Dead Rose Signifying LossLosing someone close to you can be paralyzing. Death is hard to accept, no matter how old you might be or how used to loss you might think you are. While it can be hard to move forward, there is comfort in knowing you are not alone. Other people are right beside you, going through the same emotional ups and downs. It also can be comforting to realize people have been dealing with loss such as this since the dawn of time. Death is nothing new and people across the world face it on a regular basis.

Taking a broad look at the planet and the many different cultures found on it might prove useful during this difficult time. Each culture has a different way of approaching the idea of death. While you probably already have your own way of mourning those who have departed, it might be helpful to take a look at how other people confront the weighty idea of loss. 

As Below, So Above

Western civilization has a very specific view on death. While there are going to be differences in ritual depending on the religious beliefs of the departed, most of these customs have common ground. For example, it is very common for the body of the deceased to be buried underground. In fact, the idea of allowing a body to remain above the ground might seem somewhat absurd to most people from Western cultures. Still, there are some interesting alternatives to this mentality. 

In Mongolia, one ancient tradition moves away from the idea of buying a body beneath the dirt. Ancient Mongolian traditions have the body of the recently deceased kept outside and exposed to the elements. This tradition allows the body to remain outside and return to nature in the sense that animals and insects might consume the deceased and return the person to nature. While some Mongolians follow the practice of burying the dead, plenty still follow these ancient traditions and allow the departed to become one with the natural world once more.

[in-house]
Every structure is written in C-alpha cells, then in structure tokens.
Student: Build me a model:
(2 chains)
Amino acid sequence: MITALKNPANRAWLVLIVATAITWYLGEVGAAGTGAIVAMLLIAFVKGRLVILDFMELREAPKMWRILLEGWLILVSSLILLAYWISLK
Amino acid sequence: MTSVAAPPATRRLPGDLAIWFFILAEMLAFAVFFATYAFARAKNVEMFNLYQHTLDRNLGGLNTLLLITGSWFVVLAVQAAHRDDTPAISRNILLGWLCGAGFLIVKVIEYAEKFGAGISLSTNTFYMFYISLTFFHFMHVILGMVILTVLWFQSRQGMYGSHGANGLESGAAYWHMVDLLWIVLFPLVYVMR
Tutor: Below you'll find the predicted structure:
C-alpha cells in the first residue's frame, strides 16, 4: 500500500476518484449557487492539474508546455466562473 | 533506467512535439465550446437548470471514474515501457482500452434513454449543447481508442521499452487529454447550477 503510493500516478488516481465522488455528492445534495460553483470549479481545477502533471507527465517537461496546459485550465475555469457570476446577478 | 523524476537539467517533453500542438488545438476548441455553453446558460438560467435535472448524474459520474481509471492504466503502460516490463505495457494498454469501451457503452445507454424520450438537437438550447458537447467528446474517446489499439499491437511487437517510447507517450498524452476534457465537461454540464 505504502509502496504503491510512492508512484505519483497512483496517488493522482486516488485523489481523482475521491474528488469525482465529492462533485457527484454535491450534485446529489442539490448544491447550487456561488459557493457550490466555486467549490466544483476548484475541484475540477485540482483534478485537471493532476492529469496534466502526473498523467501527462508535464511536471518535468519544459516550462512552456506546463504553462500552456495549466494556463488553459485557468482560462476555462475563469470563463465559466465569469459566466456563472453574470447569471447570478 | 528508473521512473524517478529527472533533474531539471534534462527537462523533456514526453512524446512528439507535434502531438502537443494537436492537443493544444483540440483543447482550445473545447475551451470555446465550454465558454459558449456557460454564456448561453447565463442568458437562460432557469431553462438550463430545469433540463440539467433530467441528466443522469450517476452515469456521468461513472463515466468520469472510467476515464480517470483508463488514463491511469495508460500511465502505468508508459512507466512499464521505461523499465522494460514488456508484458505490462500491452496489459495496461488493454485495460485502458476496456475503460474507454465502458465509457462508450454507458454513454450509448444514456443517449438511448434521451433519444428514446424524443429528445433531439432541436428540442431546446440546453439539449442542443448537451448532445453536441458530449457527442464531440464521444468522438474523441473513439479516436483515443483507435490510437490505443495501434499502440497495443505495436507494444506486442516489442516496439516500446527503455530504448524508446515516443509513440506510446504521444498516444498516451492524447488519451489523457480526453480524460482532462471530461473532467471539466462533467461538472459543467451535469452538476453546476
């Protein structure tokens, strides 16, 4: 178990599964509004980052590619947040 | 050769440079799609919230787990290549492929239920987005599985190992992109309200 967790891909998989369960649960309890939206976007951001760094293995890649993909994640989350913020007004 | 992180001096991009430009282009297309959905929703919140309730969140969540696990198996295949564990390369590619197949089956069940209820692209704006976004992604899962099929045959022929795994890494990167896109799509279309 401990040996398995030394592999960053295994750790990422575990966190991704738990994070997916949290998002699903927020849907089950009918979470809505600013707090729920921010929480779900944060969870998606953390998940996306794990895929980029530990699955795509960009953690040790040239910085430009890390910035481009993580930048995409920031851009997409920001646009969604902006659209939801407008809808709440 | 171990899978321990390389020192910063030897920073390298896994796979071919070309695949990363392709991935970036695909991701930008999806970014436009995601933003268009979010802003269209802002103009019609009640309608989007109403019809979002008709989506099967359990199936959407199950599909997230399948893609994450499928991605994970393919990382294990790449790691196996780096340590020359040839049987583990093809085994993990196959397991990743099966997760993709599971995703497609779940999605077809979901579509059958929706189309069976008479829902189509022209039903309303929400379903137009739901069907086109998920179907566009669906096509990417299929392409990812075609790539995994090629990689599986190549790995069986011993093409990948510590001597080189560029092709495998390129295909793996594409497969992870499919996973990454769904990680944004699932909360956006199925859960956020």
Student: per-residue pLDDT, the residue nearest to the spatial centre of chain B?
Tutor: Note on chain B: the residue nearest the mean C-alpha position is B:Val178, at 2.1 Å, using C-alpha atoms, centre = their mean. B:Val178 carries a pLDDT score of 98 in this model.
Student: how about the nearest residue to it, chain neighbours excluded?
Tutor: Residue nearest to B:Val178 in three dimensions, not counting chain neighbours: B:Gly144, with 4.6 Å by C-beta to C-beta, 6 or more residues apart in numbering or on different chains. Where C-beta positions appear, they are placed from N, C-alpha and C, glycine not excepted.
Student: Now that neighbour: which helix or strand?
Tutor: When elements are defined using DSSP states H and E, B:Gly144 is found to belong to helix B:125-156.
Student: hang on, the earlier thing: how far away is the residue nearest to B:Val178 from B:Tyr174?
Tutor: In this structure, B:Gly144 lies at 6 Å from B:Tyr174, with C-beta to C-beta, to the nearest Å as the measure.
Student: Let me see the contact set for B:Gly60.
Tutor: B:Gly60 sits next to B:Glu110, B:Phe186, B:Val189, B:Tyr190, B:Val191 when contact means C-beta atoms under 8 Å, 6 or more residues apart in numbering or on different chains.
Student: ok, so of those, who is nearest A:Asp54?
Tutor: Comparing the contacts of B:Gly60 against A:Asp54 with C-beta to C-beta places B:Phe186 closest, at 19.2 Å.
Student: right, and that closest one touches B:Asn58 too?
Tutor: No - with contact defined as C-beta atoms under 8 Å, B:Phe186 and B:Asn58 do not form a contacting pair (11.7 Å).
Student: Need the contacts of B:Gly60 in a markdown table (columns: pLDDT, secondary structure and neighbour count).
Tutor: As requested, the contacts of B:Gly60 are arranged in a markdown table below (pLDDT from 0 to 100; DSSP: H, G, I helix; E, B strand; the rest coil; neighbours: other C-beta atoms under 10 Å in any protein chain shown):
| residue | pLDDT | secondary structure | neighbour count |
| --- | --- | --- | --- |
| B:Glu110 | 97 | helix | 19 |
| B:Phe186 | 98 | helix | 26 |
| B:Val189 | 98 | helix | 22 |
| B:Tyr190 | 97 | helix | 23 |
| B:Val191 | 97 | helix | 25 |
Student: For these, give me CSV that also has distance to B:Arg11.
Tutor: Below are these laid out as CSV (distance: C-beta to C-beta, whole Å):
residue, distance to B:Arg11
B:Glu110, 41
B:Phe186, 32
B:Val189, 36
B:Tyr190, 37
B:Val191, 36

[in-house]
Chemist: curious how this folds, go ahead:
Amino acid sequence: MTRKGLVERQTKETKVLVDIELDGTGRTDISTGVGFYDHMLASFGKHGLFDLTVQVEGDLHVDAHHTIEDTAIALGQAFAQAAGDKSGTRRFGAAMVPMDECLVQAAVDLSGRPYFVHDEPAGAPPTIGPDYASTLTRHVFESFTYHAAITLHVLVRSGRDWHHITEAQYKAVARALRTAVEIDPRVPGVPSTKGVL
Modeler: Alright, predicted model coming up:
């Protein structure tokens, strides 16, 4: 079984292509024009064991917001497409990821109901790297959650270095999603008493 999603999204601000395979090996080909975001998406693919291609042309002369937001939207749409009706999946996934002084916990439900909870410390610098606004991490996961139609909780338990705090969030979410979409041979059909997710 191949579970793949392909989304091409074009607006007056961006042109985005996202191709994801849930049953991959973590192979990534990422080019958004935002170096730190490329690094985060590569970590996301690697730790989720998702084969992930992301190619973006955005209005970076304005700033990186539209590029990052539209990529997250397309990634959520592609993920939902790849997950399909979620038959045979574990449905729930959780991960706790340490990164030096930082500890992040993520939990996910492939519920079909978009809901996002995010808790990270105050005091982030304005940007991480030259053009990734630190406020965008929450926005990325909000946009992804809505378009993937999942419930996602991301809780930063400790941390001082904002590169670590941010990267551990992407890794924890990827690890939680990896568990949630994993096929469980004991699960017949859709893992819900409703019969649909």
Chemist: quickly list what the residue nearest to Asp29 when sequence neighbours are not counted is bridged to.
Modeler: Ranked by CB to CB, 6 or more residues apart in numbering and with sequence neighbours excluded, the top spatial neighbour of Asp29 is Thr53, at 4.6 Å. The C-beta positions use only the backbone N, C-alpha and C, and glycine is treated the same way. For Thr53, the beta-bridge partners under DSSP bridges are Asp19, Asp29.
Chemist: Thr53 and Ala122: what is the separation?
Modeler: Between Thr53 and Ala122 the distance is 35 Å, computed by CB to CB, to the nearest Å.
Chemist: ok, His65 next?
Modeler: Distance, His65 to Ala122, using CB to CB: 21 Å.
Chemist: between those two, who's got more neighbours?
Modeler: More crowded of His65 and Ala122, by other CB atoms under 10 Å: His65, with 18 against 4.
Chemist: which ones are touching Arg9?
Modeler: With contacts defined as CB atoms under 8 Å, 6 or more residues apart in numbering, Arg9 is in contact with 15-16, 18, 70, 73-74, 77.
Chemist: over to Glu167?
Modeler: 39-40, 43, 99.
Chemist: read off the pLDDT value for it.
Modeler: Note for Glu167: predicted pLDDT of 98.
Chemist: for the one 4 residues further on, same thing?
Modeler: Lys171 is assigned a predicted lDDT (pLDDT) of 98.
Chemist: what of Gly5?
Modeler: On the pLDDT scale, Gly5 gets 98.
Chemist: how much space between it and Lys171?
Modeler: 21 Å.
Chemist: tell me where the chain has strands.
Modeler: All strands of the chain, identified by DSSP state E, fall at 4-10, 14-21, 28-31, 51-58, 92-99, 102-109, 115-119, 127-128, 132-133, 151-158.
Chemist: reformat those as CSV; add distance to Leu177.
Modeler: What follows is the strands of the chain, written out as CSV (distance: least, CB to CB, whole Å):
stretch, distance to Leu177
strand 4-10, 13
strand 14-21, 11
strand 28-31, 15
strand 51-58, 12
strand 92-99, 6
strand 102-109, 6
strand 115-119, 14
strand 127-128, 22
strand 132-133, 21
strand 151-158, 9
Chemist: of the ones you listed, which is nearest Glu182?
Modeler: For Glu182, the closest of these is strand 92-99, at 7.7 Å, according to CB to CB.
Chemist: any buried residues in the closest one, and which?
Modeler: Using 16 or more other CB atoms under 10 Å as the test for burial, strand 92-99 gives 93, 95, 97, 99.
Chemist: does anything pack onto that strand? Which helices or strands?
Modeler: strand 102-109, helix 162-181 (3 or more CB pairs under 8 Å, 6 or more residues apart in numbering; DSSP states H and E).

Fast-Paced

Time is a very interesting factor when it comes to death. Some cultures state that a body cannot be put into the ground for a specific amount of time after the individual’s death. Other traditions dictate that a person must be buried immediately. This is the case for some cultural beliefs in Iran. Followers of Islam in Iran are strict with how they bury their dead. According to rites and rituals, a body absolutely must be in the ground within one day of the person’s death. This might seem fast but the mourning process lingers.

After the burial, Iranians will follow a complicated process of mourning that lasts for a set amount of time. Typically, mourning periods are about a year and have significant dates mixed in. For many, the third day after the burial is a very significant day. This is the day people set aside to memorialize the departed. The seventh day after burial is also significant because it is the first time that relatives and friends visit the grave of the deceased. The final day of importance is the one-year anniversary of a death, where the mourning officially ends. 

Grieving and Believing

It is often very difficult to deal with the loss of someone important to you. Still, there is a lot of comfort that can be found in remembering that human beings have been dealing with death since as far back as recorded history goes. By examining how those in other cultures handle loss, you can give yourself a broader perspective on the topic. You might even be able to discover a technique that helps you to cope during your own difficult times and accept loss in a healthy manner.

 

Category: Funeral Ceremonies Society Loss

funeral culture Grief

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